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Aol News Article: In Detroit, A Weed Academy Blooms


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http://www.aolnews.com/weird-news/article/detroits-economy-saved-by-medical-marijuana/19578018

 

 

In Detroit, a Weed Academy Blooms

 

(Aug. 6) -- From the Motor City to the Mota City! If Detroit experiences an economic comeback, it may owe as much to the chronic as it does to Chrysler.

 

That's the hope, anyway, according to administrators of the Medical Marijuana Academy, or MMA, a marijuana cultivation clinic located 35 miles northwest of Detroit, in Commerce Township, Mich.

 

"Our goal is to make Michigan better and increase the economy," said Perry Belcher, a spokesman for MMA. "And having well-educated people grow the best cannabis possible will help."

 

Perry Prescott, Morgan Belcher

This marijuana plant from the Medical Marijuana Academy in Commerce Township, Mich., may be putting Detroit residents back to work.

 

With medical marijuana legal in Michigan since April 2009, clinics such as MMA have cropped up around the state, offering budding suppliers, or "caregivers," weekend seminars on how to grow and sell cannabis (known as "mota" and "chronic," among other street names).

 

MMA, which opened its doors in April and offers courses such as Marijuana Horticulture 101 and Marijuana Cooking and Concentrates 101, says it has graduated more than 200 students from six states. Already, Belcher said, the academy has had a positive effect on the Detroit-area economy.

 

"What we're seeing is an incredible increase in energy," Belcher told AOL News. "There's a common agreement. People are talking about growing."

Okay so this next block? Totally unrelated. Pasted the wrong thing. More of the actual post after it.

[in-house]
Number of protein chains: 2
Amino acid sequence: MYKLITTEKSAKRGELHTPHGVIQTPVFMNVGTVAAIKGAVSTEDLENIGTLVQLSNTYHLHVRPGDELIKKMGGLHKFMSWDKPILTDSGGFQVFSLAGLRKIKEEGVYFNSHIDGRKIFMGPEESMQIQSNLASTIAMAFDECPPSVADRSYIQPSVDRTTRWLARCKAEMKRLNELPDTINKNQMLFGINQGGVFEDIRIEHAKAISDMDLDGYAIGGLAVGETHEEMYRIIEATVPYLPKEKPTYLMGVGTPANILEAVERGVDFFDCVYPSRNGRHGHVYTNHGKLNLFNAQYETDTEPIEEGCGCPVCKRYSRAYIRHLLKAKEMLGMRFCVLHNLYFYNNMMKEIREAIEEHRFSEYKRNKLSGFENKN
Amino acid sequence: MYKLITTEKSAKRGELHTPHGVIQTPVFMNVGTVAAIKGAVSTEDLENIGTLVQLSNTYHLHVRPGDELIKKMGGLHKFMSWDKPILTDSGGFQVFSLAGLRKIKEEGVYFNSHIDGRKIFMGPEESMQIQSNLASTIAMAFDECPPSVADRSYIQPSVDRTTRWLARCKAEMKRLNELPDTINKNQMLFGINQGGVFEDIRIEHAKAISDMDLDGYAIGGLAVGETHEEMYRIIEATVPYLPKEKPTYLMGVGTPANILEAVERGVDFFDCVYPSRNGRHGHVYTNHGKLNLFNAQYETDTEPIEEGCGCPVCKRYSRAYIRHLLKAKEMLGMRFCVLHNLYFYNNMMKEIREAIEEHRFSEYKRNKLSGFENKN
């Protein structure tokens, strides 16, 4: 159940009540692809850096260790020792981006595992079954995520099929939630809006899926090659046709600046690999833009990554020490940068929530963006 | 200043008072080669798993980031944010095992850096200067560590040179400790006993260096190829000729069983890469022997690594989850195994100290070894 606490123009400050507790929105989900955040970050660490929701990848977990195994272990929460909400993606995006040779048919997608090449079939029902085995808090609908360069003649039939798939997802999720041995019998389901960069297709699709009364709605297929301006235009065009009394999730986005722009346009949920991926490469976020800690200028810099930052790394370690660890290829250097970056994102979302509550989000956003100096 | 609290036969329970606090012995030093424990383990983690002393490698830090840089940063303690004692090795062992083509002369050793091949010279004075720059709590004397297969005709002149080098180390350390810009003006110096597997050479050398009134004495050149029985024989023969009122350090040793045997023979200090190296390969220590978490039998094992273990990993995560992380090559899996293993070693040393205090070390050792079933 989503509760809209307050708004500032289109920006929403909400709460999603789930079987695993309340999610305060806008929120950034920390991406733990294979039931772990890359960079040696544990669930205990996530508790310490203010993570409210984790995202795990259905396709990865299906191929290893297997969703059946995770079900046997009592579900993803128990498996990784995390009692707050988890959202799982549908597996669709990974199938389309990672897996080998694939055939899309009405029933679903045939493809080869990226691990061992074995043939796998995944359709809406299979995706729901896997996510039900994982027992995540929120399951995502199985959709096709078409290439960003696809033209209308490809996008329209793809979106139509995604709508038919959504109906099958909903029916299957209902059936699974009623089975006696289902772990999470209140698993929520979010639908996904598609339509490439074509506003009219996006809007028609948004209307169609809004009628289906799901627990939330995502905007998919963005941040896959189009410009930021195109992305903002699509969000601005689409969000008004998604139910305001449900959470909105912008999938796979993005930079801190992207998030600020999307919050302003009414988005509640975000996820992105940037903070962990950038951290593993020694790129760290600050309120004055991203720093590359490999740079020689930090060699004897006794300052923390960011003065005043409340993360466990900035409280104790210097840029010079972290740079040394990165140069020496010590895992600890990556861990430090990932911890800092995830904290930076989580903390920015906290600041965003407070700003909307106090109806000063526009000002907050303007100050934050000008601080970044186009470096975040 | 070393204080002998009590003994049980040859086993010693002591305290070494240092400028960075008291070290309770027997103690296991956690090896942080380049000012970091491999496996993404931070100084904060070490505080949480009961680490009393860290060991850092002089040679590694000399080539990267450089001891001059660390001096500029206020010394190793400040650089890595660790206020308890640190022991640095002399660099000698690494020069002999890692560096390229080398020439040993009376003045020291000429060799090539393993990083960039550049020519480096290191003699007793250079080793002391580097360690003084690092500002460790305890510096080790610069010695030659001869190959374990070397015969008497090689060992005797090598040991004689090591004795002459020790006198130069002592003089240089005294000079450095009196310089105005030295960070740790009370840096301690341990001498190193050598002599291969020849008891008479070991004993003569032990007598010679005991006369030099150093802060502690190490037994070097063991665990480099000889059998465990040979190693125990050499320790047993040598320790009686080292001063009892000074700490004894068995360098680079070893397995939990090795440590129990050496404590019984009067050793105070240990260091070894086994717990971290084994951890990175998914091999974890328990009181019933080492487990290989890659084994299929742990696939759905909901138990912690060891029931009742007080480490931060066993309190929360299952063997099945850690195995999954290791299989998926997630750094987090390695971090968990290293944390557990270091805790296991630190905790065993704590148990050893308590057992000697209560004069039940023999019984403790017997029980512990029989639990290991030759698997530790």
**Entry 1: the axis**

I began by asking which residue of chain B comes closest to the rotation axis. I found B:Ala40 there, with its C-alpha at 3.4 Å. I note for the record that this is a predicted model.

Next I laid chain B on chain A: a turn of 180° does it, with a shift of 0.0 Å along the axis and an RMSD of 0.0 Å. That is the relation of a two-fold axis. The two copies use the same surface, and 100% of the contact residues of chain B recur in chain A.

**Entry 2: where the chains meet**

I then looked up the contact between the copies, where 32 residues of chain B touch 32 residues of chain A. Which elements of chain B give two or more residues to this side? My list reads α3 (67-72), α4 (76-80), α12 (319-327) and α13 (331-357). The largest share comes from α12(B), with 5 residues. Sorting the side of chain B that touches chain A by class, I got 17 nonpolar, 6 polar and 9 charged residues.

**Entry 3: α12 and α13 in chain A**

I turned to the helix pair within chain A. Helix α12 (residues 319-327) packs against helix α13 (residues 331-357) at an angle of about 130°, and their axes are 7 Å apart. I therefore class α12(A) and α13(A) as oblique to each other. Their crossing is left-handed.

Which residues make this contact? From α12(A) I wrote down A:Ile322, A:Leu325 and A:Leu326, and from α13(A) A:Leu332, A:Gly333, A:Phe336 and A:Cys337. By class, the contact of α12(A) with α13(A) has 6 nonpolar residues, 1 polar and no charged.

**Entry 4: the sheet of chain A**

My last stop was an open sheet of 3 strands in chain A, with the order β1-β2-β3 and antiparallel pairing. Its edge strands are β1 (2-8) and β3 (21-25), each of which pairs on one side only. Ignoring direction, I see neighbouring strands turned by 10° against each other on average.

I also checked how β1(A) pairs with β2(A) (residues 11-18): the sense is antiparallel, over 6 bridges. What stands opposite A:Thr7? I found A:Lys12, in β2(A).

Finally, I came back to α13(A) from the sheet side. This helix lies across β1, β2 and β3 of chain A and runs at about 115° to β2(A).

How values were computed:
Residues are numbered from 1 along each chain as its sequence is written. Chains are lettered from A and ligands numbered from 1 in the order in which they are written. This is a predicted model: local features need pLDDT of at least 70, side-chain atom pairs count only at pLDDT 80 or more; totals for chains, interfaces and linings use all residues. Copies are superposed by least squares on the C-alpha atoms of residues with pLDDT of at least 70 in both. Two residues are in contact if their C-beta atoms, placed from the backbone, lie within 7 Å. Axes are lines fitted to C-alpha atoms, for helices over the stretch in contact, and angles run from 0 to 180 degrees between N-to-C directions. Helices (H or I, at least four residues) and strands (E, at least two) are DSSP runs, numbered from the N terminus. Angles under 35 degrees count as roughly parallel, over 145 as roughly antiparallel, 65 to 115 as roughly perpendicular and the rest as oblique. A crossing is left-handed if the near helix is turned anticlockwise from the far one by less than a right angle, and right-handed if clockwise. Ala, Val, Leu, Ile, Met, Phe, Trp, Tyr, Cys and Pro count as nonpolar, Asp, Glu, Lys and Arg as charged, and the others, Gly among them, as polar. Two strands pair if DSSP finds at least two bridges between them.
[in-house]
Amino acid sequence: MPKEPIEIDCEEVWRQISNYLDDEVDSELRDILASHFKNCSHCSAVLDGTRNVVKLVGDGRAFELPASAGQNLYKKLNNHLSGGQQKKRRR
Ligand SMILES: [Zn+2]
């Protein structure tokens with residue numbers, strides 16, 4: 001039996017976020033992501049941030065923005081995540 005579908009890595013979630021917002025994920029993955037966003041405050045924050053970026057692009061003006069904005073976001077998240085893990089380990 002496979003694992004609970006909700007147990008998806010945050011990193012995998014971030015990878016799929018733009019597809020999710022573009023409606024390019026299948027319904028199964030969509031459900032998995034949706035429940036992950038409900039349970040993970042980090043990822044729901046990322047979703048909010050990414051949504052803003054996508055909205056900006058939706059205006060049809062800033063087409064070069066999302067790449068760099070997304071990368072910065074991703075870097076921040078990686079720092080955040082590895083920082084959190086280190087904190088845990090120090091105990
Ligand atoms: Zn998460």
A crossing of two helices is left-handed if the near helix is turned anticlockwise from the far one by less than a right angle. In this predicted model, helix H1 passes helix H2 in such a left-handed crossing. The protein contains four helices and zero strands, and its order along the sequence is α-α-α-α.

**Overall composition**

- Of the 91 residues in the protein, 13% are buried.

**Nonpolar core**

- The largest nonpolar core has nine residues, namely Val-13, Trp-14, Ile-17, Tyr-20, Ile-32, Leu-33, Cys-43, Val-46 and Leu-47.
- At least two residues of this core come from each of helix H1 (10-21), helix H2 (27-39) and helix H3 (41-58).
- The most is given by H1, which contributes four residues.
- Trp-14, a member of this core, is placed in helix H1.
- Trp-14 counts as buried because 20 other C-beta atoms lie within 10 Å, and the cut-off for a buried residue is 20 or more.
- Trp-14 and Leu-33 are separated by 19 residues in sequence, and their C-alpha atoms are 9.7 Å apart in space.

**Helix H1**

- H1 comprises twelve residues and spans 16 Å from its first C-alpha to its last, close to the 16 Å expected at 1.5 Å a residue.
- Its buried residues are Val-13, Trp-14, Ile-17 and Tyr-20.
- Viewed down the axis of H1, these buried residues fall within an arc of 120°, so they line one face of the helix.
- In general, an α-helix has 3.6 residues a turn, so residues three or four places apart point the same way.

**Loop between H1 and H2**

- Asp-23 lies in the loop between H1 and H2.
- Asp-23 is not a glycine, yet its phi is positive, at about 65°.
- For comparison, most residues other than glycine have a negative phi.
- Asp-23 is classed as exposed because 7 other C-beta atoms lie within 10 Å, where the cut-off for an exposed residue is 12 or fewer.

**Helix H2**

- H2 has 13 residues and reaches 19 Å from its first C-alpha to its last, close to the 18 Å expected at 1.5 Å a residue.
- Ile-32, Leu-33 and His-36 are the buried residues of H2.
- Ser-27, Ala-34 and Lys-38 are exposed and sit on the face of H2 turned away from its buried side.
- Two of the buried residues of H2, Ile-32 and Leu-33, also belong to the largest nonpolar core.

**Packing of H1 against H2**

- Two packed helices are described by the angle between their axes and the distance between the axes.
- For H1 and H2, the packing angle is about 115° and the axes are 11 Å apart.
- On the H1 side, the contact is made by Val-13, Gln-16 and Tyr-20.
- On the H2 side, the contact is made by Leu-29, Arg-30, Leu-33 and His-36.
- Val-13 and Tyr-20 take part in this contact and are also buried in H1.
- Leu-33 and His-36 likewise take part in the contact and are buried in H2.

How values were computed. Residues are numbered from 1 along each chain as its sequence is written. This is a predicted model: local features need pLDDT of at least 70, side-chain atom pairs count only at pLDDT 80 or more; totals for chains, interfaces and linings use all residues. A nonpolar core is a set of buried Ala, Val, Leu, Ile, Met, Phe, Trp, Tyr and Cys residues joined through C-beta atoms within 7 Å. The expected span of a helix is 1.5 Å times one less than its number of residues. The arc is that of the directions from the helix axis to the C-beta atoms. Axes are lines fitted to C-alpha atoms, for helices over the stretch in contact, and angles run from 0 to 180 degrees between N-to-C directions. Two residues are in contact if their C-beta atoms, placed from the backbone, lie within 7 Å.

Not only is legal marijuana cultivation a salve for Detroit, Belcher said, but it's a stimulant for the world economy: "It's having a domino effect in a great way. It's creating new jobs, and not just here. The money goes right up to the stock market and around the world."

 

With Detroit's unemployment rate at 14.3 percent, nearly 5 percentage points higher than the national average of 9.5 percent, it would seem prudent for the city to embrace a local industry on the rise. To date, however, the city has yet to come out in support of medical marijuana.

 

For now, Detroit appears to be taking a wait-and-see attitude. City officials declined to be interviewed for this story.

 

On the street, meanwhile, Detroit caregivers are reporting a surge of marijuana-related economic activity.

 

"I'd definitely say it's having a positive effect on the local economy," Gregg Black, a local supplier and owner of FineCaregivers.com, told AOL News. "There are a lot more businesses related to hydroponics opening up."

 

While business is booming for Black -- he said he has a 12-patient waiting list -- Detroit residents would be hard pressed to find FineCaregivers.com.

 

"I keep my operation a secret in the neighborhood," he explained, "because if people knew what I was doing, they would have stolen everything."

 

Black, a second-generation grower who's been in business since March, has spent $2,000 on his garden so far, and noted that caregivers can get started with as little as $500. The biggest expenses, he said, are the lighting system and soil nutrients required for hydroponic production. And to help down-and-out Detroit residents break into the medical marijuana trade, Black has started the Hamtramck Compassion Club, a meet-up at a bar that provides free cultivation lessons.

 

"There's a lot of opportunity for unemployed people," he said, "and we're trying to assist the little guys out there that don't have the resources."

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